While our study argues for this to be the case in an apparel setting, this may also apply across other task settings. In addition to the key results, there are several issues that the study raises that have a bearing within the operations management literature. Specifically, we implore organizations to consider individual abilities and how they can relate to the tasks they work. The research raises the need to study the interplay between (a) technical tools that are used to support execution of task, for example, a counter that may help individuals with poor eyesight perform their jobs effectively (Narayanan et al. 2019); (b) accommodations provided to individuals in performing the job — including issues like additional breaks, varying work hours etc., and (c) programmed instruction approaches — that are focused on clarifying the process level instructions when work is performed. The three issues (a)-(c) need to be matched to unique individual abilities. These also allow management to carve jobs that fit individual abilities better. At a team/firm level, the challenges are more complex. One such example is in the online appendix of the study. 

Finally, we believe the study only scratches the surface of the challenges within non-profit environments that employ individuals with disabilities. We hope future studies can uncover systematic approaches to dealing with challenges in an interdisciplinary manner that covers operations management, industrial engineering, human resources, ergonomics, and vocational rehabilitation.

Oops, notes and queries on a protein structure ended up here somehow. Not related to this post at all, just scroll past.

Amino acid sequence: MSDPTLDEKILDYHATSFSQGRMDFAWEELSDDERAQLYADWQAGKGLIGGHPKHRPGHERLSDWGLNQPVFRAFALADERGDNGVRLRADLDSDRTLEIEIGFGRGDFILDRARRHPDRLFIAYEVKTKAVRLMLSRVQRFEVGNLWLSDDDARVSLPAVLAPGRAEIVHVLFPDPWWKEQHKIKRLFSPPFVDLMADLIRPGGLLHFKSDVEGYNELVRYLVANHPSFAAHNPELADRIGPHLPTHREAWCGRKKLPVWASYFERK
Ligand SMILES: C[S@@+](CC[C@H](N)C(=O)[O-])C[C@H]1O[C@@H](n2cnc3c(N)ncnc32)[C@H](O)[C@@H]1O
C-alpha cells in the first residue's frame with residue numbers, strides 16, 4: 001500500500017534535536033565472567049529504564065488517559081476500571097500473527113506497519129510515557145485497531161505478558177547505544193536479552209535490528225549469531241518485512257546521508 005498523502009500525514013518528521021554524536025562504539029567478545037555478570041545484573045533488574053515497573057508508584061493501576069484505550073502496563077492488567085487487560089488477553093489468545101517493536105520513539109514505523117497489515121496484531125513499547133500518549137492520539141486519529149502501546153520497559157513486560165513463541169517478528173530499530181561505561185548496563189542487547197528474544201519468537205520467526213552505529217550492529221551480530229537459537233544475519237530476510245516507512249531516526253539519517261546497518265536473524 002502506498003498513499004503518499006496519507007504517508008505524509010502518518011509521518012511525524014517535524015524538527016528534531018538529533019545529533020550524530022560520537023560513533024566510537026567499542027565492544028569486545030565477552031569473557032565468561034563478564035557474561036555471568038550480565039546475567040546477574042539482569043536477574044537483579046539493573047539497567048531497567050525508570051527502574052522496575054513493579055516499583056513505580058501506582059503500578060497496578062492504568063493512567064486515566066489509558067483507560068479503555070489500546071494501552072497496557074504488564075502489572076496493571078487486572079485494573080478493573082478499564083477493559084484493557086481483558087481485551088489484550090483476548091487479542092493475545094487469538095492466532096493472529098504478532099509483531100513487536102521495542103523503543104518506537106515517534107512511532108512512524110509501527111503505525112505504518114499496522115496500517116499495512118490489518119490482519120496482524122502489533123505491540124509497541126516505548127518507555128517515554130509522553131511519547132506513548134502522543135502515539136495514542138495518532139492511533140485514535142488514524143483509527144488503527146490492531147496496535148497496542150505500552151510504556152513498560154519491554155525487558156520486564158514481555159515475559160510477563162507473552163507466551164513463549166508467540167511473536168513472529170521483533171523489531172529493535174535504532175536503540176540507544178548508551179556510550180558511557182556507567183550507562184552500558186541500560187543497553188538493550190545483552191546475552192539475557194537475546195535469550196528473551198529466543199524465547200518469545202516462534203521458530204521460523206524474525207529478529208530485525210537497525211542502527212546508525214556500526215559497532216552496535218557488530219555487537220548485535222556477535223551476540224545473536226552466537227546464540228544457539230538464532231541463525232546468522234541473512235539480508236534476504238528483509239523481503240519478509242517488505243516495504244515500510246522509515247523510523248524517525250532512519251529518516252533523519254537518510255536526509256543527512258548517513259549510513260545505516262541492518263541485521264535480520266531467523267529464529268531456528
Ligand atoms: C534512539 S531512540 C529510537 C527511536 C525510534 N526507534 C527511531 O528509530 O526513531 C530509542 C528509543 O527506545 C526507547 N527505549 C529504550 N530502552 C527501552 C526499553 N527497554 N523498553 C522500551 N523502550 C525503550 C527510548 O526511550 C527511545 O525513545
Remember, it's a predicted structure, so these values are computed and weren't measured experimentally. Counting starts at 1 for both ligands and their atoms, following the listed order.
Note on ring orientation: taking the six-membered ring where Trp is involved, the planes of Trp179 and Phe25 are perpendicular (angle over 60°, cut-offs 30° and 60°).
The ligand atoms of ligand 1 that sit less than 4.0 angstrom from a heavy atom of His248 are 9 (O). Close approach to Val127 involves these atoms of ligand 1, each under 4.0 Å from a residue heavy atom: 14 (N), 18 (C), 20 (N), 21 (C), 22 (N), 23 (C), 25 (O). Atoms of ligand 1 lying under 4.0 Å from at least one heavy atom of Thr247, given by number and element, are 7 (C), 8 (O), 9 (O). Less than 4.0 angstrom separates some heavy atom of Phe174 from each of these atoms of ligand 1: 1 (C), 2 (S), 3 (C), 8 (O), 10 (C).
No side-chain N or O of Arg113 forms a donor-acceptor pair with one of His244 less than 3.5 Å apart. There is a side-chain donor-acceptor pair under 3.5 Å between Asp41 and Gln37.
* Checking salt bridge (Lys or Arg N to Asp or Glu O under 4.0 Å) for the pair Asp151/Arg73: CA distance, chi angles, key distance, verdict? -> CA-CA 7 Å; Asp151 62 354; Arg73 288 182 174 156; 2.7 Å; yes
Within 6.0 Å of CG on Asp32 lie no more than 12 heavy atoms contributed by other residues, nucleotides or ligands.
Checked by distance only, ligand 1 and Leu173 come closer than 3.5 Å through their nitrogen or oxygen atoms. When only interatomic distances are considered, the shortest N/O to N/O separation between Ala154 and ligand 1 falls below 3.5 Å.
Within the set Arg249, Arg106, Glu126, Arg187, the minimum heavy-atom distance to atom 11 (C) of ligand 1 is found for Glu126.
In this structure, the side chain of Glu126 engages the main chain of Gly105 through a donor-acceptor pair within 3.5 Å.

REFERENCES

 Bureau of Labor Statistics (2017) Employment status of the civilian noninstitutional population by disability status and selected characteristics, 2018 annual averages. United States Department of Labor. Accessed August 11, 2018, https://www.bls.gov/news.release/disabl.t01.htm.

 Erickson W, Lee C, von Schrader S (2017) Disability statistics from the American Community Survey (ACS). Ithaca, NY: Cornell University Yang-Tan Institute (YTI). 

 Narayanan S, Terris E, Sharma A (2019) Abilities-first: Steps to create a human-centric, inclusive supply chain. Supply Chain Management Review (November), 34-41.

 Narayanan S, Terris E (2020) Inclusive manufacturing: The impact of disability diversity on productivity in a work integration social enterprise.  Manufacturing & Service Operations Managementhttps://doi.org/10.1287/msom.2020.0940.

 Neumann E (2019) Sheltered workshops for people with disabilities: A reliable opportunity or an outdated system? Accessed December 1, 2019, https://bit.ly/31yxVqr

 Roels G, Staats B (2018) Call for Papers: M&SOM Special Issue on People-Centric Operations. Accessed October 21, 2020, https://tinyurl.com/y6h7ohan.

Comments

Commenting has been disabled for this article.